Karate ni sente nashi

By David Baker
Midtown Karate Dojo, NY, NY

Shoshin Nagamine defines this phrase on page 13 of his book, "The Essence of Okinawan Karate-Do" as, "There is no first attack in karate."  It can be more fully explained in English as, "Don't use karate against others, except in self-defense."

However, exactly what "self-defense" means is, for the most part, left to the individual. Does it mean self-defense of oneself only? Or, self-defense of  oneself and one's family? Does it include self-defense of acquaintances?  Strangers? Does it mean defense of body only, or does it include property?  Dignity?

One area generally acknowledged not covered by this precept is defense of  one's pride. In other words, we consider ourselves "above" fighting over  unkind words. If a stranger, for example, says something derogatory to us,  their statement has little consequence because our sense of self-worth is  not dependent on what strangers think of us. Our sense of who we are
must be more deeply rooted and mature than that. The lethal nature of our  art form demands that, as does our standing as adults within society.

Therefore, the field of contention of where use of karate is appropriate and where it is not must lie where intention can not easily be discerned and  where words give way to actions.  One way to investigate our own feelings on the matter would be to imagine the following hypothetical, adult scenario:

You're standing at the rail of your local tavern, admiring the manner in  which the barkeep has alphabetized his liquor bottles, when someone  bumps your shoulder, with sufficient force to cause your first-sip, full-to-the-top Coors Light to suddenly freeze your core heavy and wet, as it  cascades down the front of your brand new shirt.

Your response is to:
1. Pretend not to notice and continue your recitation of bottle labels from where you left off, at "Morgan, Captain"
2. Proceed to knock him sober, repentant, or unconscious, whichever  comes first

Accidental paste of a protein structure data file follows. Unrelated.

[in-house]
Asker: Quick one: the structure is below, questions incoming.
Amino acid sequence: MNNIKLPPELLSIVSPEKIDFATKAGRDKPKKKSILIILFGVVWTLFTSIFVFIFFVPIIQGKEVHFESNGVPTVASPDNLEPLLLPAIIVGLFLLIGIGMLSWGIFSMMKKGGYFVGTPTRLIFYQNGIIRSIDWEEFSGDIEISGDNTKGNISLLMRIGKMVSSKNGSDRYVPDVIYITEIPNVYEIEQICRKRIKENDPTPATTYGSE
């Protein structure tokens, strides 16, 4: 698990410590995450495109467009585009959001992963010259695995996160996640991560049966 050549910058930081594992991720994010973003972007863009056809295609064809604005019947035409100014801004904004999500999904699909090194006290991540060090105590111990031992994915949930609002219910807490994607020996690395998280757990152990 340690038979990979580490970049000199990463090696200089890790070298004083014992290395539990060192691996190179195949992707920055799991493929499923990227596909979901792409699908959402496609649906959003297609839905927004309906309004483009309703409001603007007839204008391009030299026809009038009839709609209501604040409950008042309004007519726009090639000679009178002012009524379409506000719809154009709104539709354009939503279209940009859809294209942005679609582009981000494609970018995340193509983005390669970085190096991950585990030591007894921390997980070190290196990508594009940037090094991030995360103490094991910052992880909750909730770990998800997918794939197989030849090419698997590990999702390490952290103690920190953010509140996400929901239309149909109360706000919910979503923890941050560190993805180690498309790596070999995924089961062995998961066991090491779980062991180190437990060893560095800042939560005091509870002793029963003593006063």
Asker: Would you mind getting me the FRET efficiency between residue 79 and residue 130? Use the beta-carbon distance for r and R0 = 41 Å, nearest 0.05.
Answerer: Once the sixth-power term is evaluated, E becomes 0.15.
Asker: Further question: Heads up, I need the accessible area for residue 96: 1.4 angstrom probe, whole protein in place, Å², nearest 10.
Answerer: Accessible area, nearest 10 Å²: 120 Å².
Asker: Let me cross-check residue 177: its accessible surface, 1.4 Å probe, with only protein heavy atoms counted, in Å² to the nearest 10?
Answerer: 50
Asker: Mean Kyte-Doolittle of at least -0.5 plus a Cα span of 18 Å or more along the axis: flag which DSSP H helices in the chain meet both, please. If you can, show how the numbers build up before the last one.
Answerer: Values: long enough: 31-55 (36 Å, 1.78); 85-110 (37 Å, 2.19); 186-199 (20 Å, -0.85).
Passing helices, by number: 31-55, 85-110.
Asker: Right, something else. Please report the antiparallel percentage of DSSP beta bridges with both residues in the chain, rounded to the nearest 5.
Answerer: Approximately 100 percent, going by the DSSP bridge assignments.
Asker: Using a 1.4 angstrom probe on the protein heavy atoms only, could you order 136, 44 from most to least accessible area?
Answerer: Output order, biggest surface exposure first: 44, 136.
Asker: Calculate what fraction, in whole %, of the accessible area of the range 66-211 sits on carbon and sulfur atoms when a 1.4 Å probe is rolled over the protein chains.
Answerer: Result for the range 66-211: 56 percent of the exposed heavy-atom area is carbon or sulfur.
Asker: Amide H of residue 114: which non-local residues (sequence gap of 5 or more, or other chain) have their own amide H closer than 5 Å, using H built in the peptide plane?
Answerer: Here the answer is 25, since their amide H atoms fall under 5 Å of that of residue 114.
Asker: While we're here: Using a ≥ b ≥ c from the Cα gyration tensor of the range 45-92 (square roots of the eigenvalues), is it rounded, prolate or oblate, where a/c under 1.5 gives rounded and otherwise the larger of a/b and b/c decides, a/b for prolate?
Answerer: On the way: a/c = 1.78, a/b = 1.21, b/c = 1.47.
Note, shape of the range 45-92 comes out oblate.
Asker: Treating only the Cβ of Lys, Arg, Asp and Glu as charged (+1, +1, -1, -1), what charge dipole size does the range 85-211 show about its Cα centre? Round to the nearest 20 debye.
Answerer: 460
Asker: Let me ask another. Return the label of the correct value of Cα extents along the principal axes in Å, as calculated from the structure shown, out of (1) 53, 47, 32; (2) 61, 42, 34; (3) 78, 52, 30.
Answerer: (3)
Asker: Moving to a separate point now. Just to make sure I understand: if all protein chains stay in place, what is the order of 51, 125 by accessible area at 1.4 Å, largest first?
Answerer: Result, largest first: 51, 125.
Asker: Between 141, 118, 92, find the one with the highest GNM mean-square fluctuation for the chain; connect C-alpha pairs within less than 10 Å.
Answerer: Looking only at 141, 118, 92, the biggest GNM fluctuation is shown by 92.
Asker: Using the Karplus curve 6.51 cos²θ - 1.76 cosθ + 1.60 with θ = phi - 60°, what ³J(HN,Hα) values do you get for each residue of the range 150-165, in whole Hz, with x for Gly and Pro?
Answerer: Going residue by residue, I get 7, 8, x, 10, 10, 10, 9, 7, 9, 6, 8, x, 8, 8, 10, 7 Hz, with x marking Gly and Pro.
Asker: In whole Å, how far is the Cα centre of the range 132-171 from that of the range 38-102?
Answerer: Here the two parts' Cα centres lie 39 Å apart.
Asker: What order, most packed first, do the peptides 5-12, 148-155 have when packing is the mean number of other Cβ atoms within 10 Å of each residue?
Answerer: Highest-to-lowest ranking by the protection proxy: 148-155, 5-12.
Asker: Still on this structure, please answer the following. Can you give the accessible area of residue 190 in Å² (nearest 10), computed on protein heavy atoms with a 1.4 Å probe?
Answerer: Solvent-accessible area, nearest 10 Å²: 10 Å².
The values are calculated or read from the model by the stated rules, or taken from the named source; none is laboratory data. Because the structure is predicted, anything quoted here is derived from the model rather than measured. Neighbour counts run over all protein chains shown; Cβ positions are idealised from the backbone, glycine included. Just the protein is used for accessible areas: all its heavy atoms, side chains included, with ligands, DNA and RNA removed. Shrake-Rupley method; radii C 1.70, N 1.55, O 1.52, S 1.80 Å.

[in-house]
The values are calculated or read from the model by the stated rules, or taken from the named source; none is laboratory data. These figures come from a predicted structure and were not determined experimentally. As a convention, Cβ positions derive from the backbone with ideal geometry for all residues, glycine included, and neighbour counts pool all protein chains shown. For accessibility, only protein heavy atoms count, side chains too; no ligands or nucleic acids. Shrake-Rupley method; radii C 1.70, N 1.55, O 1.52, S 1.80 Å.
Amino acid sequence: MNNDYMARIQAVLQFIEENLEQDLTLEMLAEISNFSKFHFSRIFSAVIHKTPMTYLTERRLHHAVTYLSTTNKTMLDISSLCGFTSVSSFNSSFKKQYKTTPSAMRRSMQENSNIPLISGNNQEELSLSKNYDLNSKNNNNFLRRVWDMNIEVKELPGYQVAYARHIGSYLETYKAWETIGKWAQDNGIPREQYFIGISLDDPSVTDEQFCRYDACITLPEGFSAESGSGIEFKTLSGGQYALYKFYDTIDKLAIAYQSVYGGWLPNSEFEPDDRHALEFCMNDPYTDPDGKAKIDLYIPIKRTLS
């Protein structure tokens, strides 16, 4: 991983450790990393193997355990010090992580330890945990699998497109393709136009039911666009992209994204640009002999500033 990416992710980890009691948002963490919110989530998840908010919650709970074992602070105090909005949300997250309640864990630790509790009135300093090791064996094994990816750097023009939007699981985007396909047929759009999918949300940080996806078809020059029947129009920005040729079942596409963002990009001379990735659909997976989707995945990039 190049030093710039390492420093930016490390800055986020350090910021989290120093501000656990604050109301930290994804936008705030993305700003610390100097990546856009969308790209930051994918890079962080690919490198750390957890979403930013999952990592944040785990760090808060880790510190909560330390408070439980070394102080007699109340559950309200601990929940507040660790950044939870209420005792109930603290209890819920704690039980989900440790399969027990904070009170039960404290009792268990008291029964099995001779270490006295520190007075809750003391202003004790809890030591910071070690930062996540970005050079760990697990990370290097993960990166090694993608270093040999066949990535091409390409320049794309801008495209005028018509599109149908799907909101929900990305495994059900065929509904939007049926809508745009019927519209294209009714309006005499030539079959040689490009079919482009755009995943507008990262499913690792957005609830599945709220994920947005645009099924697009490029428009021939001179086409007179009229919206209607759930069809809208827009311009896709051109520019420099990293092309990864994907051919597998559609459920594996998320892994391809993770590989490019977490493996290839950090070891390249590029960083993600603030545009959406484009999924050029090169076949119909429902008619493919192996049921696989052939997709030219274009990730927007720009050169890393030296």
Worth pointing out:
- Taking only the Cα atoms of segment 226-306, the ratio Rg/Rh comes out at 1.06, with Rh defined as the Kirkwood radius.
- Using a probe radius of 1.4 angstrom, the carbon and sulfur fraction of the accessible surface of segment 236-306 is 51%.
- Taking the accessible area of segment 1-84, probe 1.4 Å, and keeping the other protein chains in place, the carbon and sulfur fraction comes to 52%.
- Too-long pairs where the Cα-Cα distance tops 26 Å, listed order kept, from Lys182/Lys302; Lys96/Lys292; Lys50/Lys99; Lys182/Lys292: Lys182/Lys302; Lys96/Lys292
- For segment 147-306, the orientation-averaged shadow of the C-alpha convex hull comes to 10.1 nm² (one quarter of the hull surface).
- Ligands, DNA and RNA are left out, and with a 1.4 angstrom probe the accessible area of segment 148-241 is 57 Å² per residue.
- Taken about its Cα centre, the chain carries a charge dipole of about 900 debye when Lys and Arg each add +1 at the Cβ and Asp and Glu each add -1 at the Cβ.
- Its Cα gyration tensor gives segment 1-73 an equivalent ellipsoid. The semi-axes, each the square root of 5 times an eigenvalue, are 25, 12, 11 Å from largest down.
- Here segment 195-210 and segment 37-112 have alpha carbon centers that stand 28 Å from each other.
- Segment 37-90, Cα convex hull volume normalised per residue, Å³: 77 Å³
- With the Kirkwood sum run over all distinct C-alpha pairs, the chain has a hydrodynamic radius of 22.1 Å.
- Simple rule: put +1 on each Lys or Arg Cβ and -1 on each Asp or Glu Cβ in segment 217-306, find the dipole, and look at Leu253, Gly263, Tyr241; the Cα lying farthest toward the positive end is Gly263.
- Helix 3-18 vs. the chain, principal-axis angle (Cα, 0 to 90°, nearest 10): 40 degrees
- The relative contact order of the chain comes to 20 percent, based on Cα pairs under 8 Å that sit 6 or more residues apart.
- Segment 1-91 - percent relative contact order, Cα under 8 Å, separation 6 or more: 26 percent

3. Nonchalantly sidle off to the rest room to check out the establishment's supply of paper towels
4. Jump up onto the bar, utilizing your knee-bend-fed quadriceps, while simultaneously shouting to those in attendance the similarity that he shares with his own nether region, in a kiai voice loud enough to cause pain to the eardrums of those in the rear booth, next to the jukebox
5. Turn to him to proffer an introduction between his spleen and cerebellum
6. Politely appropriate from him the width and breadth of English language apologies to which he's familiar
7. Notify the barkeep that you are in need of another Coors Light
7. Advise said offender of the extent of his affront to your front and inquire of him whether he too is an adherent of The Golden Rule
9. Grab some napkins to dry yourself while glaring at him
10. Flail your arms wildly in the air in apparent reaction to the cold liquid, while purposefully slamming your elbows into his face and chest
11. Apologize to HIM and buy him another boiler maker
12. In your best street vernacular, inquire wherein lies his particular difficulty this fine evening
13. Crouch down into an exaggerated back stance, with hands and face morphing through various, distorted bird-like poses, while making high-pitched Saturday afternoon, kung fu movie vocalizations
14. A combination of the above
15. None of the above

|  Shorin-Ryu Home Page  |  Registration Form  |  General Store  |  Dojo listings  |
|  Shorin-Ryu Museum and Learning Annex  |  Email: info@shorinryu.com |